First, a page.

One speaker, a Texas lawyer, remarked, “no restaurant complies” with the Fair Labor Standards Act (FLSA). Aside from requiring employers to pay at least the minimum wage (which is now $7.25 nationally) and one-and-a-half times the regular rate for overtime beyond 40 hours per week, the FLSA also requires employers to give written notice to their employees about their rights to overtime pay. I asked a few other lawyers at the conference if they agreed that all restaurants violate the FLSA. Surprisingly, all of them did. Apparently, virtually every restaurant violates one or more of the FLSA requirements, especially the requirement to give written notice.

The home care industry was identified as a field that needs more litigation to protect the rights of employees. “There are violations everywhere,” a speaker noted, and it is a “growing wild west industry.” About 2.5 million people work in home care and 70 percent of them are employed by private, for-profit companies, many of which do not follow the rules. Companies can earn, for instance, $19/hour for care but pay just $8/hour to care givers. Some companies have engaged in Medicaid fraud which can be grounds for a separate whistleblower, or qui tam, action against the same defendant.

One speaker stated that, in 2016, Texas regulations will bring new rights for a minimum wage and overtime for employees who provide elderly care. The speaker also predicted that more workers will be put on fluctuating workweek schedules in 2016.

Speakers shared useful tips. One advised that plaintiff’s lawyers should, when they start representing a client with a new grievance, file a FOIA request with the Department of Labor to find out if there were any previous complaints against the same employer. Another speaker said she might discuss settlement with a defendant before filing a complaint but she will ask the defendant to enter into a tolling agreement. That way, her clients are not penalized under the statute of limitations for taking time to negotiate.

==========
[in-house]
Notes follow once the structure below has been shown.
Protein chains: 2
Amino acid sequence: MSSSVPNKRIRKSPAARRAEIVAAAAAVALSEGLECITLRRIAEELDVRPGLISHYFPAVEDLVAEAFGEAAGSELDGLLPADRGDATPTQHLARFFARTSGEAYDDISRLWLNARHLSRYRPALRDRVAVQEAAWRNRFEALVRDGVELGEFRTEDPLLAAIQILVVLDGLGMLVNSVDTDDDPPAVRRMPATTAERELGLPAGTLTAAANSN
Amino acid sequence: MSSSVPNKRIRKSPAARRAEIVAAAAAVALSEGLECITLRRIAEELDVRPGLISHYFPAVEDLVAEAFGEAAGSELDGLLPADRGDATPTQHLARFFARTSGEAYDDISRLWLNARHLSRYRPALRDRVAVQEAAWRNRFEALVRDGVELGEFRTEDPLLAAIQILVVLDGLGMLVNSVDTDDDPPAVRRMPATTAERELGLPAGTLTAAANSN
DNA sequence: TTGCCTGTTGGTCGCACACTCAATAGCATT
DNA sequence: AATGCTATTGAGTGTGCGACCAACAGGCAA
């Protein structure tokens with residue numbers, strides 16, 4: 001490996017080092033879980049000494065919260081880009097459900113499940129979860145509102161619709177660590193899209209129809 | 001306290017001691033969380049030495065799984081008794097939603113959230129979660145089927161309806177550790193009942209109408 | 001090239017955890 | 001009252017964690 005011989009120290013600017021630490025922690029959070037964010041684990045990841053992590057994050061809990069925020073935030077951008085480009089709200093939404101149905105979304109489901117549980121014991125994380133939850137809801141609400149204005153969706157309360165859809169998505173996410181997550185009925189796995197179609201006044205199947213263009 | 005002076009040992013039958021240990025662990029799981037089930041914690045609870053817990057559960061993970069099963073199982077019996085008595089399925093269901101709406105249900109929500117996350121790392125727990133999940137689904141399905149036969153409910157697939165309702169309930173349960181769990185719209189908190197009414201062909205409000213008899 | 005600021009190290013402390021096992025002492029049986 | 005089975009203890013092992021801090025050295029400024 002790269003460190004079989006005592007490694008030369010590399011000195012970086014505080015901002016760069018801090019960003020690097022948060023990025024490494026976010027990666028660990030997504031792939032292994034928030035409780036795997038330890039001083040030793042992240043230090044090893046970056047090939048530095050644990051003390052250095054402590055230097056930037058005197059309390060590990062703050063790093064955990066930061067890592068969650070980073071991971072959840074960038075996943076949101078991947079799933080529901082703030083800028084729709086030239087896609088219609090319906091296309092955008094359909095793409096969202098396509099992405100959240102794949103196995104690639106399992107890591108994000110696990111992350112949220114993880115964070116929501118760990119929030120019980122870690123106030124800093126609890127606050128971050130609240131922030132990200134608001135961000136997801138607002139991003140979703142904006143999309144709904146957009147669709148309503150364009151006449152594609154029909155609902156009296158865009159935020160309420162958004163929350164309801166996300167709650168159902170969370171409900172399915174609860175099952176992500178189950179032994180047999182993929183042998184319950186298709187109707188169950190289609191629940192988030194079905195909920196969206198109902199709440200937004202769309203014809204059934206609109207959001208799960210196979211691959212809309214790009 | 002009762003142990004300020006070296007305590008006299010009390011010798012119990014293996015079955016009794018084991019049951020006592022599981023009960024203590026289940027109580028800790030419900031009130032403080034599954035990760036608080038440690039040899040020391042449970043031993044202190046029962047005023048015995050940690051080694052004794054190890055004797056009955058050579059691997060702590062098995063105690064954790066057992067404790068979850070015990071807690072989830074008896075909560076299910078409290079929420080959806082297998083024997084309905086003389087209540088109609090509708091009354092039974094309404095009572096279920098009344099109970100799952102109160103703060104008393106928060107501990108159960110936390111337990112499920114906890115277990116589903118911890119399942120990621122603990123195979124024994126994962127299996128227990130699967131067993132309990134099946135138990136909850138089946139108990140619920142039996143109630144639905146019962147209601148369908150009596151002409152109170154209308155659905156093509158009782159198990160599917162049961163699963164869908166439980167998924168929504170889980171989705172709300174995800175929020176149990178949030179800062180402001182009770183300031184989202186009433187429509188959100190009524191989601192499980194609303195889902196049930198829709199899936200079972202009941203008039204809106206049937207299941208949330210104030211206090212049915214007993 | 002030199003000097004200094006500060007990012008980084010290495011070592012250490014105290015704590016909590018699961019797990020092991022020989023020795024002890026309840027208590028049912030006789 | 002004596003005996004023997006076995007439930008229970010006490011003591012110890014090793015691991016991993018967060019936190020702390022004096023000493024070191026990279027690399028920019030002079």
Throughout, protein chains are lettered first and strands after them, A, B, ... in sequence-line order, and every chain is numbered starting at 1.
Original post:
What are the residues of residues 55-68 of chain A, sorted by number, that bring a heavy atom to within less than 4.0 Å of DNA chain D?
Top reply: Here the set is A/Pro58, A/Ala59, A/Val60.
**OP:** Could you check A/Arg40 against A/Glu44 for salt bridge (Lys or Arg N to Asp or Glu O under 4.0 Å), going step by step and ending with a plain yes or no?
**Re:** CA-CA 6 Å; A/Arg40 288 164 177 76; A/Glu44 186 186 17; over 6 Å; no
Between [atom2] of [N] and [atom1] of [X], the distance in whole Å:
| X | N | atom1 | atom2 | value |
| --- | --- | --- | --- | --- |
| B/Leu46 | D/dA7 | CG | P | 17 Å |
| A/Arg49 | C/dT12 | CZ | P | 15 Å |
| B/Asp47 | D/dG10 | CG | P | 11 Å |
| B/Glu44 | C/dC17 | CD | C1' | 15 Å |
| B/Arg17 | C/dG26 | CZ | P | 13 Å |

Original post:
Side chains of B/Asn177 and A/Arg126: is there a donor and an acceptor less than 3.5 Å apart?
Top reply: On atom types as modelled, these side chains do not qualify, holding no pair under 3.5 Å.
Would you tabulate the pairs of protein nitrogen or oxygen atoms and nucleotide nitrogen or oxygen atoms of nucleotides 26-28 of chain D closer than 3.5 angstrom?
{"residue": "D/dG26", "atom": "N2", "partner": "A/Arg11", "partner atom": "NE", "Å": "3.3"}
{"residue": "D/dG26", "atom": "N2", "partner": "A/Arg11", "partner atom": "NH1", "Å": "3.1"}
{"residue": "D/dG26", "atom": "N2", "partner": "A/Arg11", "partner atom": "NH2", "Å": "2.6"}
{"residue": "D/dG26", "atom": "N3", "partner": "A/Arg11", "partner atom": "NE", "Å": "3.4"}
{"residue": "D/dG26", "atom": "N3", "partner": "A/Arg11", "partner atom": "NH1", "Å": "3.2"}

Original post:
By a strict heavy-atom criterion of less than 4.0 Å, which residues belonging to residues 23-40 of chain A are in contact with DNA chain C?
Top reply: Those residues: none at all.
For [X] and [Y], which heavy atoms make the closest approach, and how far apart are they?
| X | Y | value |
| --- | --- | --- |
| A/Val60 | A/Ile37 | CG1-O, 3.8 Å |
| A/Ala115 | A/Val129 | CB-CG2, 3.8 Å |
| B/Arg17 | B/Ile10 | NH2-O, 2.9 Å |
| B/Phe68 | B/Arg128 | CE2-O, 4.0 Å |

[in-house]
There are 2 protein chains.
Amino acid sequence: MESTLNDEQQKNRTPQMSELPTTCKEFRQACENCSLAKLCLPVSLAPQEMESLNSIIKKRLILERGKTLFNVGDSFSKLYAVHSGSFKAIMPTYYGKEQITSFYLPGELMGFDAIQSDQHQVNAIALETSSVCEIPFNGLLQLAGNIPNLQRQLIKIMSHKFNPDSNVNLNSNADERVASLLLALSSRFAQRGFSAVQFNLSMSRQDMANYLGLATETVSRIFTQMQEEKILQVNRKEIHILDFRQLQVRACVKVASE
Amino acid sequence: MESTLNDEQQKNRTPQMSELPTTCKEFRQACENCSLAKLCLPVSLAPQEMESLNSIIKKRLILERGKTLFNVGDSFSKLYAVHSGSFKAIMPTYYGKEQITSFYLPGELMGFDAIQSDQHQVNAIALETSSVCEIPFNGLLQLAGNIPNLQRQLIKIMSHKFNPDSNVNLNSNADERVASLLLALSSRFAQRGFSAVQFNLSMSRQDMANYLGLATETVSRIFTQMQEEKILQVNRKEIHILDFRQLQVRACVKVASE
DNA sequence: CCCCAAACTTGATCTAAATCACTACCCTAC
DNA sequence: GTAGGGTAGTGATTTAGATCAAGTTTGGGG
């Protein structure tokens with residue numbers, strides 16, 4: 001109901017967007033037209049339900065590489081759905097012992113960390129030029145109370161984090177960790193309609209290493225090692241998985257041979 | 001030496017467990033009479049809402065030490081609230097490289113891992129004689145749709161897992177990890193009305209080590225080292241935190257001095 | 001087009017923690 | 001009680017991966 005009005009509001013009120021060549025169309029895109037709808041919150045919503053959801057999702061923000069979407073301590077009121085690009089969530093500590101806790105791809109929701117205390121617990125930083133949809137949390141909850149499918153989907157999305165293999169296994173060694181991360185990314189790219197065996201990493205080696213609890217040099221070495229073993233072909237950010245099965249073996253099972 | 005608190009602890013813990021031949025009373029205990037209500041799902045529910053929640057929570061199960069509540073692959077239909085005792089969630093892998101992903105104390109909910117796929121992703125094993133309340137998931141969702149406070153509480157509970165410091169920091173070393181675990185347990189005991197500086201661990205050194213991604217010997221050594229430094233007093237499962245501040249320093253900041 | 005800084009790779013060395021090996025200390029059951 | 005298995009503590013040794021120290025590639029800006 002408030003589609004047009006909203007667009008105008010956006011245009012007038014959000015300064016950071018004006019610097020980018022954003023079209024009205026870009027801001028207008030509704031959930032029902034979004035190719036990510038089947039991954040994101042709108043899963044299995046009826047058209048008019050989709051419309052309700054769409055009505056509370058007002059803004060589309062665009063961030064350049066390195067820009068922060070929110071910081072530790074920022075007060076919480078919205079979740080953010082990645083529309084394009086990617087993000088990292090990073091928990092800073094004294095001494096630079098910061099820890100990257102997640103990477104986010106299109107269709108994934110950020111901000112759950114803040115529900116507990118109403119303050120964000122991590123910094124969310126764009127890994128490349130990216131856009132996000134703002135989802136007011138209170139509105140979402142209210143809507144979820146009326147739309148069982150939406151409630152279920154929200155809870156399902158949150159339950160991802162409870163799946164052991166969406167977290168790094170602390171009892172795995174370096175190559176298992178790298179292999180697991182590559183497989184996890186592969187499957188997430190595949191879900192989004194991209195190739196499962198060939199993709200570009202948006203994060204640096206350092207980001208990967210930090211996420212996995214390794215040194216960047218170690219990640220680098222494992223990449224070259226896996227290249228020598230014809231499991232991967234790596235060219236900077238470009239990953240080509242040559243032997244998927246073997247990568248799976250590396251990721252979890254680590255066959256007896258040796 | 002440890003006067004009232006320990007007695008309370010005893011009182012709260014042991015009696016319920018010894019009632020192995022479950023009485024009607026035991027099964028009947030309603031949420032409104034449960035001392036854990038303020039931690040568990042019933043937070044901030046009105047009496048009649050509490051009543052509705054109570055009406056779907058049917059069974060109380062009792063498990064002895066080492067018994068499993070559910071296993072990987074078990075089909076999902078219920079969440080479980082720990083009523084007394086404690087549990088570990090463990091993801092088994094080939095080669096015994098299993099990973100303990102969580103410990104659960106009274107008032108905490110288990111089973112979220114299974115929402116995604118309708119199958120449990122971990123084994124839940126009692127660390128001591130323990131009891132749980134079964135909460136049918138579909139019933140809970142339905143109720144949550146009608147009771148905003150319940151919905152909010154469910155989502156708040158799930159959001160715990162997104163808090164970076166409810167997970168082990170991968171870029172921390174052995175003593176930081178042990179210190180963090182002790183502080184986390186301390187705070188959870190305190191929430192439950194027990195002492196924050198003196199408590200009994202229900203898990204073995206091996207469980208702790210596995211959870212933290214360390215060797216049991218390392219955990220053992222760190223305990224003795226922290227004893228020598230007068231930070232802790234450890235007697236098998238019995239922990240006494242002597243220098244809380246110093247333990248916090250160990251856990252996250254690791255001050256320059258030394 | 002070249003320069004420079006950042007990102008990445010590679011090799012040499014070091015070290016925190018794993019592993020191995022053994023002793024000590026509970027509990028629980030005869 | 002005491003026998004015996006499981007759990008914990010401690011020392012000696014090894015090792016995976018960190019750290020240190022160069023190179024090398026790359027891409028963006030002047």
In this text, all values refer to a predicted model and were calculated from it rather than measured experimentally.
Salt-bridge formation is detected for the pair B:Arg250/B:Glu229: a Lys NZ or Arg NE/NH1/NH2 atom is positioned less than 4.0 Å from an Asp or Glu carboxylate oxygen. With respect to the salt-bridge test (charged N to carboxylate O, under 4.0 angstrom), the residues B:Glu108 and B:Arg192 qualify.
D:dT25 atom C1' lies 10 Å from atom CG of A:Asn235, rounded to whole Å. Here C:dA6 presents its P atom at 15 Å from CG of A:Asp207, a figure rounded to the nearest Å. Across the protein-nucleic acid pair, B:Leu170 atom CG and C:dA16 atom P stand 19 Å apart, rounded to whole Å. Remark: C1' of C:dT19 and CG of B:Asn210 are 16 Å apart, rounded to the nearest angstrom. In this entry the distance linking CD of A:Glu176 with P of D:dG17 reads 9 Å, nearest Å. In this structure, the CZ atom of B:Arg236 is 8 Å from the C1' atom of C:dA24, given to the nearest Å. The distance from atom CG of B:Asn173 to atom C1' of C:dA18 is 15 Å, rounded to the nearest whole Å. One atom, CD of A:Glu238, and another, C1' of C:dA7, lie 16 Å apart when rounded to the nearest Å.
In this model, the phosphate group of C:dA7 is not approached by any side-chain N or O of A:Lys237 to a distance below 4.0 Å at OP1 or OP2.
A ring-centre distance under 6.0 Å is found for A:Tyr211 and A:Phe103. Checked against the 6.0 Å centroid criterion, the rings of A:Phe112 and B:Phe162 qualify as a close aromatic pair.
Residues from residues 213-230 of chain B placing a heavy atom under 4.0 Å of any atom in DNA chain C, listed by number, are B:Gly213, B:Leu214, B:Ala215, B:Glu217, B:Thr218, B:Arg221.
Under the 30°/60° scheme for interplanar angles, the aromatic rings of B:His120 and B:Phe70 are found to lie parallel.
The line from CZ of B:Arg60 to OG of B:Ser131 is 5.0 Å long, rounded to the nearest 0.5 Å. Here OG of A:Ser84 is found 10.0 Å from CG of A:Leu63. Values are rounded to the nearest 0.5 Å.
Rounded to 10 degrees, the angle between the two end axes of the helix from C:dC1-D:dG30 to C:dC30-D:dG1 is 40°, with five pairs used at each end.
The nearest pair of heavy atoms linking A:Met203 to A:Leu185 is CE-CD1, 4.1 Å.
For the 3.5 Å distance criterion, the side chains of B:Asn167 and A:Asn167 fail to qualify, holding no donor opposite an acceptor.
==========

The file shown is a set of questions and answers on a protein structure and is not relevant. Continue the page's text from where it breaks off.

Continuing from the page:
The United States Solicitor of Labor, M. Patricia Smith, spoke at the conference. She noted that, after the Obama Administration releases an overtime rule, staff will next prepare Administrative Interpretations. The Bush Administration had revamped the FLSA by issuing Opinion Letters on the day before President Bush left office. The Obama Administration will not issue Opinion Letters but rather prefers Administrative Interpretations, which will be issued in the near future. The Obama Administration has, so far, issued roughly 100 Fact Sheets, which are available at the Department of Labor’s website (www.dol.gov).

As did other speakers, Ms. Smith noted a common violation of FLSA is the misclassification of workers as “independent contractors” when they are, in fact, employees. She said this problem is especially prevalent in the construction industry. Ms. Smith related that, in an Arizona Tract case in Arizona and a GSA Systems case in Utah, the Department of Labor obtained consent judgments against companies that had misclassified employees as “owners” of the LLCs when, in fact, they were simply employees.